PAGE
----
How do you measure the impact of a community champions program? This was the central question of a working session at CZI’s Accelerating Open Science in Latin America workshop, convened by rOpenSci’s Community Manager Yani Bellini Saibene and attended by CSCCE’s Founder and Director, Lou Woodley.
Measuring the impact of any kind of community program presents a series of challenges :
What is the impact that you’re hoping your program will have?
Is the impact you hope the program will have something that can be measured?
What types of instruments can be used to measure impact? (e.g., surveys, focus groups, etc.)
How many times can you reasonably ask your participants to give feedback?
How do you (or can you?) reliably follow up with participants months or even years after a program has concluded?
This month’s community call was part of an ongoing series focusing on the role of community, and the community manager, in STEM. These conversations flowed from the 25 Community Manager Case Studies we published earlier this year, and we’ll be publishing a report to summarize our findings in the coming weeks. In the meantime, you can catch up on our August (an overview of the case studies project) and September (a conversation about self-advocacy for community managers) calls on the CSCCE blog, and add our November call (which will focus on supporting and recognizing volunteers) to your calendar.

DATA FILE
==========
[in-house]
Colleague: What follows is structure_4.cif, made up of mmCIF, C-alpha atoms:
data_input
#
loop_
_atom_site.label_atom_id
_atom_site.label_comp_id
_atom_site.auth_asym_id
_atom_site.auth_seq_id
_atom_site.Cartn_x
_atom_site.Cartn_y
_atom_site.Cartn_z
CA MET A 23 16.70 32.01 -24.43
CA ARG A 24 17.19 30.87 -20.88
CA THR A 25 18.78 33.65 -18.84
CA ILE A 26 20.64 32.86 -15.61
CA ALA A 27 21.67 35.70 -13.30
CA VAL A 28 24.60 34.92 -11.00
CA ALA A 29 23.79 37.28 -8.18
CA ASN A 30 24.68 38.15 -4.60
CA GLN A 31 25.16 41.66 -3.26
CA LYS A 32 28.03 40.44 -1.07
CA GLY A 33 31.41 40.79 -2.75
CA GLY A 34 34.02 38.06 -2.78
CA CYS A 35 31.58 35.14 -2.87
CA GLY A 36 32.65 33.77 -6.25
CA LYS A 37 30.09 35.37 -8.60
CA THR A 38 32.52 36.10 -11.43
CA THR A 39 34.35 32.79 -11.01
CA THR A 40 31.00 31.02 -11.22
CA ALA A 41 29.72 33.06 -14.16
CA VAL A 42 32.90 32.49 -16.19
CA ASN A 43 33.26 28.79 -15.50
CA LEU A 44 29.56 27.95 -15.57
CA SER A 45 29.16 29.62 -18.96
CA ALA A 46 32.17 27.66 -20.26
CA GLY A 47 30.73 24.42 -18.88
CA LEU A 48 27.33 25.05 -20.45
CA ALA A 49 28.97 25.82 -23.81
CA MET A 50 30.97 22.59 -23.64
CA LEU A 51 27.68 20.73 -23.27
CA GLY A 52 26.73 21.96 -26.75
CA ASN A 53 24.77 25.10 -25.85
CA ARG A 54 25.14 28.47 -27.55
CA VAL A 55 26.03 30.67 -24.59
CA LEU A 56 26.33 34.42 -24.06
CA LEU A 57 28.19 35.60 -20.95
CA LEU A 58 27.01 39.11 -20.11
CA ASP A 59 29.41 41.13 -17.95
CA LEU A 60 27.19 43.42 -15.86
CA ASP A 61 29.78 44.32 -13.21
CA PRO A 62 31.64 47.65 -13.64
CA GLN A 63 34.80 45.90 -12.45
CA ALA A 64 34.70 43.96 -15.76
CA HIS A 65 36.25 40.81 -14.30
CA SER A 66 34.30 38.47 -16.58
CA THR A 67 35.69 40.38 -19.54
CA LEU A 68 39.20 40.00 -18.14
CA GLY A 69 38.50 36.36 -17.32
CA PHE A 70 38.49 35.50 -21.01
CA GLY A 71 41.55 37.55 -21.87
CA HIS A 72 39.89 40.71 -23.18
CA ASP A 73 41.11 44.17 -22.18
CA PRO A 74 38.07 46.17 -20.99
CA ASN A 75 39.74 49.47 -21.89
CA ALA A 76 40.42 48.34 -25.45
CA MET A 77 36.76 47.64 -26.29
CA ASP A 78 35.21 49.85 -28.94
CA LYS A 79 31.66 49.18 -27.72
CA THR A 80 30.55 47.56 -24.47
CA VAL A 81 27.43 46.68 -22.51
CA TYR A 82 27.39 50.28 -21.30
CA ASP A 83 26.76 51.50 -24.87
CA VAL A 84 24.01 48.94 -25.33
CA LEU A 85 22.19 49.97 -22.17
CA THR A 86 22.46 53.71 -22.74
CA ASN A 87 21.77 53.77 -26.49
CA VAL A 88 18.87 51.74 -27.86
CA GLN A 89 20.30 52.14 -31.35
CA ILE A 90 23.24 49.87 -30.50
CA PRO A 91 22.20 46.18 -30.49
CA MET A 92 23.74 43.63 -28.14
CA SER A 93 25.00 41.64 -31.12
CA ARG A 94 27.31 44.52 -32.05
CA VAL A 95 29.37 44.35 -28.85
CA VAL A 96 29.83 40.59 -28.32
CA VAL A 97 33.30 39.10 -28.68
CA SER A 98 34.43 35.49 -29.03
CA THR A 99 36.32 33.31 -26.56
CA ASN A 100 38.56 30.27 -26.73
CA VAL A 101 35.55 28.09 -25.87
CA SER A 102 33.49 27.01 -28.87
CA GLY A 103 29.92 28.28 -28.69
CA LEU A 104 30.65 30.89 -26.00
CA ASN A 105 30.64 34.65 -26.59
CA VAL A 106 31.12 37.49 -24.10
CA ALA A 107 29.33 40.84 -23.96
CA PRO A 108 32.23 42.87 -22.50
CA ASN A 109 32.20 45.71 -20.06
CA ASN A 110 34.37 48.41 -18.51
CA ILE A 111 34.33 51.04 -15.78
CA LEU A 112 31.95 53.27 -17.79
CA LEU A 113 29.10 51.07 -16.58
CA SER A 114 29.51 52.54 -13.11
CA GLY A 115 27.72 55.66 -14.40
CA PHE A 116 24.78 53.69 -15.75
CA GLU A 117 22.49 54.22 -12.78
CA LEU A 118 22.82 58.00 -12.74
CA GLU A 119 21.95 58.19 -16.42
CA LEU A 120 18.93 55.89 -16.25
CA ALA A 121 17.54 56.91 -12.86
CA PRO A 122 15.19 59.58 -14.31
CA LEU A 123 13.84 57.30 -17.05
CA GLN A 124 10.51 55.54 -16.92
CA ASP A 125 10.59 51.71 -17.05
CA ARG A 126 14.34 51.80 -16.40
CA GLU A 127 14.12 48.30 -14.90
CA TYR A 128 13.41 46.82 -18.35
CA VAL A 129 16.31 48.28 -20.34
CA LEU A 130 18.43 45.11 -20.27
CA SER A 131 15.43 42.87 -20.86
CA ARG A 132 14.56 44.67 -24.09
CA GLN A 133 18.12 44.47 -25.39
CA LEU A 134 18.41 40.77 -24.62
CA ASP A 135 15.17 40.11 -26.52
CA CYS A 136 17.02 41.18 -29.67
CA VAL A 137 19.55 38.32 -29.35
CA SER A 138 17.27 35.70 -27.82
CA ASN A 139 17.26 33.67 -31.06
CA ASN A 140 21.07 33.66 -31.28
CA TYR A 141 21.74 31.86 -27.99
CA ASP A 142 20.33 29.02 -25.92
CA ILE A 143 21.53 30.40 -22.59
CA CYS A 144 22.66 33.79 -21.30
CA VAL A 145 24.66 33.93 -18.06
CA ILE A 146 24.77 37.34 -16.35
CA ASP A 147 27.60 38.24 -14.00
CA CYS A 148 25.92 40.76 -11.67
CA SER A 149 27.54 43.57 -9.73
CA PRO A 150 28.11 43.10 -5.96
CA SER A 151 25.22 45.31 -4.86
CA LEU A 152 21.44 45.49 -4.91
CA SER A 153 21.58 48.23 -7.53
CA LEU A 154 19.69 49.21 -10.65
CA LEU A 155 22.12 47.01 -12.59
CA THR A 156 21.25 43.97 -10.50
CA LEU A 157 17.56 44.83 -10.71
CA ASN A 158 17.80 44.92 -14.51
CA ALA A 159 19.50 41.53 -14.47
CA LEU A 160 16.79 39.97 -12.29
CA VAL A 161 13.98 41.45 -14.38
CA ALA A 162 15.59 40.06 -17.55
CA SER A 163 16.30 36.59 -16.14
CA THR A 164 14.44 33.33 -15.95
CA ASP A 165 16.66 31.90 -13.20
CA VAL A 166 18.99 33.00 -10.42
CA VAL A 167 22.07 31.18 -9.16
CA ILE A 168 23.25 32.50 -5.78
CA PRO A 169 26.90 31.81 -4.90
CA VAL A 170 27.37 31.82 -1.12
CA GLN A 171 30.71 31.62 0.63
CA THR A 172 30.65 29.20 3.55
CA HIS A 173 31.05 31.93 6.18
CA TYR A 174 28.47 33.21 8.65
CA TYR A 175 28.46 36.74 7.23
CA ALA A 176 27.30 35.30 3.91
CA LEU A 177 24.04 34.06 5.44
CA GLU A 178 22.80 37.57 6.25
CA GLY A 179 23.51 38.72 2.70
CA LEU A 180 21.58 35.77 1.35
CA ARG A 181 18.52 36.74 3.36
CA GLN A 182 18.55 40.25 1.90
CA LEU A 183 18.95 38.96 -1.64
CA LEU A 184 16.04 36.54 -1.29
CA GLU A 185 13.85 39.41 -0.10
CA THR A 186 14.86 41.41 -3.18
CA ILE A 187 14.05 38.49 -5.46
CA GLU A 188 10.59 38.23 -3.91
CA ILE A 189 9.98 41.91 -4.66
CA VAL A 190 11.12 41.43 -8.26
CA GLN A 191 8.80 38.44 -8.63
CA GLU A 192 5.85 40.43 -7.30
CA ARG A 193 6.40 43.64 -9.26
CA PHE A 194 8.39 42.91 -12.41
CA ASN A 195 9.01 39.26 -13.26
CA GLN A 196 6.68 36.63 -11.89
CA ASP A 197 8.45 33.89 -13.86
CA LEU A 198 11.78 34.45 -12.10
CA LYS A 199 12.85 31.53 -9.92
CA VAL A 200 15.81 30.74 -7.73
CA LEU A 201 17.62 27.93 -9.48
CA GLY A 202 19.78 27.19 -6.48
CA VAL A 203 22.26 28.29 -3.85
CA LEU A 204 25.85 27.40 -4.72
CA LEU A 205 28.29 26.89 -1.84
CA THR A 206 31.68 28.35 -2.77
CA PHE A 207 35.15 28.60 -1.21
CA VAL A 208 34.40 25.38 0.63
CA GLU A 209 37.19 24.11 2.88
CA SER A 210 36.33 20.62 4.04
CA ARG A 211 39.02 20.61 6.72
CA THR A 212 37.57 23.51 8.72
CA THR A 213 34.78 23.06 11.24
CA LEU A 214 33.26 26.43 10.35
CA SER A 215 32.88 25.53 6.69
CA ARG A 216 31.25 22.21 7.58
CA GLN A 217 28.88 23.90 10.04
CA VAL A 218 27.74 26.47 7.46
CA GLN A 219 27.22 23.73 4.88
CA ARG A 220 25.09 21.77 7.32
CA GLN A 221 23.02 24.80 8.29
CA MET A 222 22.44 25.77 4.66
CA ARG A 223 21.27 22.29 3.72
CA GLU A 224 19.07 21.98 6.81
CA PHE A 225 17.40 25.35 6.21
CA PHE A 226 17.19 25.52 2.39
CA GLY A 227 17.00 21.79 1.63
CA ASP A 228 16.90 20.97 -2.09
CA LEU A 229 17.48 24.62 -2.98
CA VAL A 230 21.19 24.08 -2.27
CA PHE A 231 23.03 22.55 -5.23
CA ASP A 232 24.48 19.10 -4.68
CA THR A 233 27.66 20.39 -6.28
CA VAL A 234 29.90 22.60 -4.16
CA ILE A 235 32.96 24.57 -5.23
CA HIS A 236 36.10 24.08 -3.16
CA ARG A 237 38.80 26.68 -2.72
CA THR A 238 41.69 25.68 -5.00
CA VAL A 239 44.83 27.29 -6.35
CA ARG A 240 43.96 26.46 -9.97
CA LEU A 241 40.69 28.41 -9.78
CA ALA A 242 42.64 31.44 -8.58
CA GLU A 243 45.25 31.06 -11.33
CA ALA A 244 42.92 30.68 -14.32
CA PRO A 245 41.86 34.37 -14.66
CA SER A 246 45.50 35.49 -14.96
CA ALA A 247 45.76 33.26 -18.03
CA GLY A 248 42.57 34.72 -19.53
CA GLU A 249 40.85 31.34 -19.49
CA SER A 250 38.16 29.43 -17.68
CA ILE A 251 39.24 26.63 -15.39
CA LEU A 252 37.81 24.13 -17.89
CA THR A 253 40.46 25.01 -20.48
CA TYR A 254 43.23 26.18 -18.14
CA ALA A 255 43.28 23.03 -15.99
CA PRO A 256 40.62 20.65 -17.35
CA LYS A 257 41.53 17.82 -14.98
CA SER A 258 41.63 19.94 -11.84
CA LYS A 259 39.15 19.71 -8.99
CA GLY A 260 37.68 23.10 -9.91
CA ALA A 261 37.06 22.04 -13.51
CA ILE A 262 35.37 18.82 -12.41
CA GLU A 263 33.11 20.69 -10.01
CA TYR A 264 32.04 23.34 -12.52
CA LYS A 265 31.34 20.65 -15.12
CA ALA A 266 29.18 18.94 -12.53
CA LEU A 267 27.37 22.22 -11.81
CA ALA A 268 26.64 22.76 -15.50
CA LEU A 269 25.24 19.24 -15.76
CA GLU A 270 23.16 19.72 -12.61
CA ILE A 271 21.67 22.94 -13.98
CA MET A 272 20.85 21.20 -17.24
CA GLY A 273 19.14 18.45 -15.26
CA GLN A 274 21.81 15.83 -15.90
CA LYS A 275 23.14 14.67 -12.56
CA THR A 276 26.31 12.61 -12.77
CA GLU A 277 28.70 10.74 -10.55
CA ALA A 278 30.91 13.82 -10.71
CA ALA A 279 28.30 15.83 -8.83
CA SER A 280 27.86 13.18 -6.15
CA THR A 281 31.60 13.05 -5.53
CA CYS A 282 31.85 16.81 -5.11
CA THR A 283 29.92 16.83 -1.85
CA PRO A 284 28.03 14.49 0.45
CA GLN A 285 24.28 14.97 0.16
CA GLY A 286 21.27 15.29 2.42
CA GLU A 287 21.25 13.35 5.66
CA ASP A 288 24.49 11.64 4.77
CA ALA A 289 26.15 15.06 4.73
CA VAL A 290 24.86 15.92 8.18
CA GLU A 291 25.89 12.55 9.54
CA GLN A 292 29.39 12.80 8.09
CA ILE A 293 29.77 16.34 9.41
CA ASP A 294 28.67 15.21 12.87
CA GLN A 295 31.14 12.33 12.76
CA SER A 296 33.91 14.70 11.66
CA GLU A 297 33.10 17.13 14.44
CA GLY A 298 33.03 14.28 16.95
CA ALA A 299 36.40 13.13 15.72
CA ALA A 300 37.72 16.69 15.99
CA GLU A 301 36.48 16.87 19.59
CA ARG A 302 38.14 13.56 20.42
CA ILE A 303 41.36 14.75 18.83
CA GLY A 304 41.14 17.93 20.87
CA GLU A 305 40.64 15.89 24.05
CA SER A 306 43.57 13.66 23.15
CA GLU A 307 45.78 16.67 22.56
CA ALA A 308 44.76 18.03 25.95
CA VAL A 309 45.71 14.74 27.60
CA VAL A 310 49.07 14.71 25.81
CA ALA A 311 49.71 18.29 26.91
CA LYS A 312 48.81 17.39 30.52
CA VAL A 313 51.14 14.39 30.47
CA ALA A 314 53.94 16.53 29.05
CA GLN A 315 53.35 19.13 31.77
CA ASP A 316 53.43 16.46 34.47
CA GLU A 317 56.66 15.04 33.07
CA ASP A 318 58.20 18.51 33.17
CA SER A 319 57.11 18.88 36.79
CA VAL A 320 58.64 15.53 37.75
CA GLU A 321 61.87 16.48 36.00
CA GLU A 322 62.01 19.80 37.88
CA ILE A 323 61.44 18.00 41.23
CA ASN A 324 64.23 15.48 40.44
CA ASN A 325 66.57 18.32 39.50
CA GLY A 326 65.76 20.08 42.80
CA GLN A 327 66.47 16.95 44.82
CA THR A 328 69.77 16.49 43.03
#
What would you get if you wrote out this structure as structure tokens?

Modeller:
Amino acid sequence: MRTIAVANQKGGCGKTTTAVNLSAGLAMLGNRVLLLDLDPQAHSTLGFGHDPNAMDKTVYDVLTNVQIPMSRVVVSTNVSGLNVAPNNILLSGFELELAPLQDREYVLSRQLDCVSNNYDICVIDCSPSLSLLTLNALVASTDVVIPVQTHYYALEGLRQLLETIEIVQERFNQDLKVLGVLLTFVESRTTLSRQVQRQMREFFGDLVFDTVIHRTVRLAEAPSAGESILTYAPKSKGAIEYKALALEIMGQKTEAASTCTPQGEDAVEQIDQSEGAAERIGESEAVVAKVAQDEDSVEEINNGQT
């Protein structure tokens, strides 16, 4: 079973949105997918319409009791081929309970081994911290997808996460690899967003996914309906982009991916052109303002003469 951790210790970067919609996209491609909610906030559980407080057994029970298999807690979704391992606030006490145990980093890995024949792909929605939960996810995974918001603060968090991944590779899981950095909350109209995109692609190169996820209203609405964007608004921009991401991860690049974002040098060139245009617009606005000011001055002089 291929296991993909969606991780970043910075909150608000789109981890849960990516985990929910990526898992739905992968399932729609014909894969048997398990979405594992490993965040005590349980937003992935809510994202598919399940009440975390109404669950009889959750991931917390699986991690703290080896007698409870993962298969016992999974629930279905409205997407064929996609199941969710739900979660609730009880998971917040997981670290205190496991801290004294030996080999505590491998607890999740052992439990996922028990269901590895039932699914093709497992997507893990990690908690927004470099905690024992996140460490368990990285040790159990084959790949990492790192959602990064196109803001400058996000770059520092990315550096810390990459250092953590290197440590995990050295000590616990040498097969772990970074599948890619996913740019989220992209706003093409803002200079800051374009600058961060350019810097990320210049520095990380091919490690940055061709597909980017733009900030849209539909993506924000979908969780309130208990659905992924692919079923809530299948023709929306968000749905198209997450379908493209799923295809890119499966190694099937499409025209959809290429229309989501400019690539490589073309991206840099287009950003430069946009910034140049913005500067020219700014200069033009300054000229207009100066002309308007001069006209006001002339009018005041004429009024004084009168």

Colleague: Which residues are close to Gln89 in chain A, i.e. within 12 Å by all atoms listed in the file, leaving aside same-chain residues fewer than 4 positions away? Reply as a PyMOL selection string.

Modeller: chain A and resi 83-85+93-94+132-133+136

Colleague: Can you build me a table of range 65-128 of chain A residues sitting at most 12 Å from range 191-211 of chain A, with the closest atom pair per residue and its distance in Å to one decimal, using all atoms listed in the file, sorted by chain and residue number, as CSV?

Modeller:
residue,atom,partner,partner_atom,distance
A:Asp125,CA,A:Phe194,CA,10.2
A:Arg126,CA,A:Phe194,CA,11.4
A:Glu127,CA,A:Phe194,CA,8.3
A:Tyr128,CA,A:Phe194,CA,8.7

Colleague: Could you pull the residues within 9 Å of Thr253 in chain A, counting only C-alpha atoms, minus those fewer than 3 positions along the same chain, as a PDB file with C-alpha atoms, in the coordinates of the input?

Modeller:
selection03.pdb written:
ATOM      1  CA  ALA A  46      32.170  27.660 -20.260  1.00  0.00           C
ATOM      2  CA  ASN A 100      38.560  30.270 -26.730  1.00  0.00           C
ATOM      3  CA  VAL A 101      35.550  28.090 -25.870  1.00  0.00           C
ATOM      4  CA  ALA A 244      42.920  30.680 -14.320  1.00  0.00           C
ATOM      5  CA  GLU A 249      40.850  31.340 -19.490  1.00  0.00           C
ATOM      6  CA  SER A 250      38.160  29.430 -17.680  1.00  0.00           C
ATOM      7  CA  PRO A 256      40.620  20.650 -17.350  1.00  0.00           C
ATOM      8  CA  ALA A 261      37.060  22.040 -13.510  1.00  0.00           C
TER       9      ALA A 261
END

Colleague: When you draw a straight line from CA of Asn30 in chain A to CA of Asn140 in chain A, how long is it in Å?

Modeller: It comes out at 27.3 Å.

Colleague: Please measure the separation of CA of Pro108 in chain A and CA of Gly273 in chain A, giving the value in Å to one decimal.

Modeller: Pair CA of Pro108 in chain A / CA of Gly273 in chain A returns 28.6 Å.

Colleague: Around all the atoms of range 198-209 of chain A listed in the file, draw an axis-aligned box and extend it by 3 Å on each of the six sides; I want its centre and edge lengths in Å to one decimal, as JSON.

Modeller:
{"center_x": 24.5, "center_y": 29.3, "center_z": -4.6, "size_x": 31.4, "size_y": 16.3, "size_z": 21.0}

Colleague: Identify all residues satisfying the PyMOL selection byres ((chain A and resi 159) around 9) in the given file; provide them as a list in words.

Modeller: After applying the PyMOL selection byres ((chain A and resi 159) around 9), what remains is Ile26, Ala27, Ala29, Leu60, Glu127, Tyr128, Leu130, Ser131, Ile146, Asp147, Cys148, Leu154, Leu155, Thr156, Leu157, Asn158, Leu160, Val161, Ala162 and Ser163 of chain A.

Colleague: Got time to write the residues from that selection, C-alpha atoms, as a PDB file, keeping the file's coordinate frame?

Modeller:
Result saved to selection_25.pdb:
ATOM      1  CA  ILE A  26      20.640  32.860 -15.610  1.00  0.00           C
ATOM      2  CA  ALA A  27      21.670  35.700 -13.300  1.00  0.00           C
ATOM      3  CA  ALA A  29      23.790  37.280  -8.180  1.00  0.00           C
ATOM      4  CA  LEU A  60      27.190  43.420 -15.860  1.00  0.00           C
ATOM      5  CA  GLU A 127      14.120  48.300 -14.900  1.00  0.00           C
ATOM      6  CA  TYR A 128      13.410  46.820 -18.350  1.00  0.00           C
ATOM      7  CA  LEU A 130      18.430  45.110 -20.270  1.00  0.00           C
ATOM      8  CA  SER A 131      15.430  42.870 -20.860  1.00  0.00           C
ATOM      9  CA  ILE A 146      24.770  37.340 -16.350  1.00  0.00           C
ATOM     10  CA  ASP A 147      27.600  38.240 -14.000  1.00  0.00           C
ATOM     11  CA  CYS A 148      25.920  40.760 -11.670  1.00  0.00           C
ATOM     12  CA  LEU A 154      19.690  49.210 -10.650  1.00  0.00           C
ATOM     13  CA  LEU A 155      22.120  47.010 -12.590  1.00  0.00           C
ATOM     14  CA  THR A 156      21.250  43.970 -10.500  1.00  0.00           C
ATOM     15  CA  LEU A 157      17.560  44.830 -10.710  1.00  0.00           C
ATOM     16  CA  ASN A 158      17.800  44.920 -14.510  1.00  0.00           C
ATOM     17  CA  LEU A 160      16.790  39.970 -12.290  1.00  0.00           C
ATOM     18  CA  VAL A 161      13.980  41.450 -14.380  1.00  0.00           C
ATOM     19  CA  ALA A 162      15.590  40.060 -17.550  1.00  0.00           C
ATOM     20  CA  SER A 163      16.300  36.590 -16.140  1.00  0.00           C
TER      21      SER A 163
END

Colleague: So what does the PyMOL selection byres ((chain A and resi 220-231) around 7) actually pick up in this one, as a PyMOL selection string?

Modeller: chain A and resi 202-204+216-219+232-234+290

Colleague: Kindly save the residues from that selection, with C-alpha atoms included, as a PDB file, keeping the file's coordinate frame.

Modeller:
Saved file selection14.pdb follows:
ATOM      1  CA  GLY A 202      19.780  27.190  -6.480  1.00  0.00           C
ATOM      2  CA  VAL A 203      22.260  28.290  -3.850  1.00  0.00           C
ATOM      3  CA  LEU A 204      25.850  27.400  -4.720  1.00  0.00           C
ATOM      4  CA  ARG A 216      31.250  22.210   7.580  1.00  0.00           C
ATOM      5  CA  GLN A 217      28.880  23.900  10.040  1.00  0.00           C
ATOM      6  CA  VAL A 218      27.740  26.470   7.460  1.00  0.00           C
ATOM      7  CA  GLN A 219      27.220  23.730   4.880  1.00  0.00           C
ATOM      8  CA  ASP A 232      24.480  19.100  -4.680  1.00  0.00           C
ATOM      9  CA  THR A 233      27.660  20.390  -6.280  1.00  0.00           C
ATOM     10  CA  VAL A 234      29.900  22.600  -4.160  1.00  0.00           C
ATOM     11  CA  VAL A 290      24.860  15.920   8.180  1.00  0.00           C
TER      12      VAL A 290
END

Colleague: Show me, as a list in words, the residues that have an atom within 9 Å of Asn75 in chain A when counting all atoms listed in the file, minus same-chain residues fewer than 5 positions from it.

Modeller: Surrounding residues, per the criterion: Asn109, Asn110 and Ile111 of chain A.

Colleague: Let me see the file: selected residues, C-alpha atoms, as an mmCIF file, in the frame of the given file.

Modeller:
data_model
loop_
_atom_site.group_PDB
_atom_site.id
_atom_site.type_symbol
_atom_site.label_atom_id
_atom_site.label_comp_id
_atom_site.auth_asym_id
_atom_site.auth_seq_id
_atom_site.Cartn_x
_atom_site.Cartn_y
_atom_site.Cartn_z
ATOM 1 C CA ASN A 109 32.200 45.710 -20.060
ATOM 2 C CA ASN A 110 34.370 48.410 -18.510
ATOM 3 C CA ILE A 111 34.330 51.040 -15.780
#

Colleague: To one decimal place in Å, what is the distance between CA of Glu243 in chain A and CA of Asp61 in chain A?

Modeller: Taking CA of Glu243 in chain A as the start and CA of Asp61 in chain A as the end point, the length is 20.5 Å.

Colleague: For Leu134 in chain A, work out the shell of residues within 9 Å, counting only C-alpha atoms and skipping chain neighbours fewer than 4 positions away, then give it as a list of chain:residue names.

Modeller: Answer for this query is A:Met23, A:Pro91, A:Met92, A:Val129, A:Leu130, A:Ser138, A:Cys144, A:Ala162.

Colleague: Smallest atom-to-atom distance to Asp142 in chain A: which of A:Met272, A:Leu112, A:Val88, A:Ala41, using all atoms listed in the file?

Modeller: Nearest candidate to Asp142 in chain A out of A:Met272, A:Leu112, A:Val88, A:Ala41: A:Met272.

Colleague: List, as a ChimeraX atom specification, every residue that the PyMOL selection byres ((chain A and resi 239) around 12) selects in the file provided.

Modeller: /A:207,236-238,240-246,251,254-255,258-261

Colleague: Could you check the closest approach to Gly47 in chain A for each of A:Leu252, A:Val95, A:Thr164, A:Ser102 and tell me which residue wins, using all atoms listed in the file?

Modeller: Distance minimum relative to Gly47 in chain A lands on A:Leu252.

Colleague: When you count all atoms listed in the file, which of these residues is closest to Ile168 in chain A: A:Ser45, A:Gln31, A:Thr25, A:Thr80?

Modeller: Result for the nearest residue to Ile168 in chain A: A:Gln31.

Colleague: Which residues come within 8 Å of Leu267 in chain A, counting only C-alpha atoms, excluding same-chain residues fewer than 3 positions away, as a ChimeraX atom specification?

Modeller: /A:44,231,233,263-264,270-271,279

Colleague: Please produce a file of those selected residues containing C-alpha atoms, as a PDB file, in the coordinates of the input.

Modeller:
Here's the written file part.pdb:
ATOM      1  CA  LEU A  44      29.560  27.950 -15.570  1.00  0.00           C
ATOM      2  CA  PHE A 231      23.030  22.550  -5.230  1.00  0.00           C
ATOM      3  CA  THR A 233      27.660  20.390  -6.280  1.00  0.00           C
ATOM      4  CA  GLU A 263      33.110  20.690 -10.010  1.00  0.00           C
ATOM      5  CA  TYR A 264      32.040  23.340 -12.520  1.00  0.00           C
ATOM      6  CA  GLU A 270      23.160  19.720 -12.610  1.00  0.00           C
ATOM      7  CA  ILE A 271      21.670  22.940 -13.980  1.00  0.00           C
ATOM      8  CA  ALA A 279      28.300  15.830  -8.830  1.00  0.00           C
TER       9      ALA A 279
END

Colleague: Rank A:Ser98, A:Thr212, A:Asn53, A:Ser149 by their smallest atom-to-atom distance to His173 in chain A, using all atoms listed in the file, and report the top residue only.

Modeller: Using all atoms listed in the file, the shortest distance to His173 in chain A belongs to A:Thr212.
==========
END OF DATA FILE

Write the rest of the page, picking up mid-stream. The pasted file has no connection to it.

One of the common challenges identified from the case studies is that many community managers feel that their role is poorly understood, and so people in these roles sometimes find themselves juggling disparate definitions of success. During this session, we heard from three STEM leaders — Josh Greenberg from the Alfred P. Sloan Foundation, John Ohab from the Hertz Foundation, and Karthik Ram from the University of California at Berkeley — about how they think about the importance and impact of communities, and the qualities they look for in a successful community. This recap describes some of the themes that emerged during this discussion, and includes the recordings of each presentation.
Our October call will focus on why community-building is important to different STEM organizations and what success looks like in each case. We’ll hear from three STEM leaders – each representing a different type of organization from a funder to a lead PI – about why community is important to the work they do.
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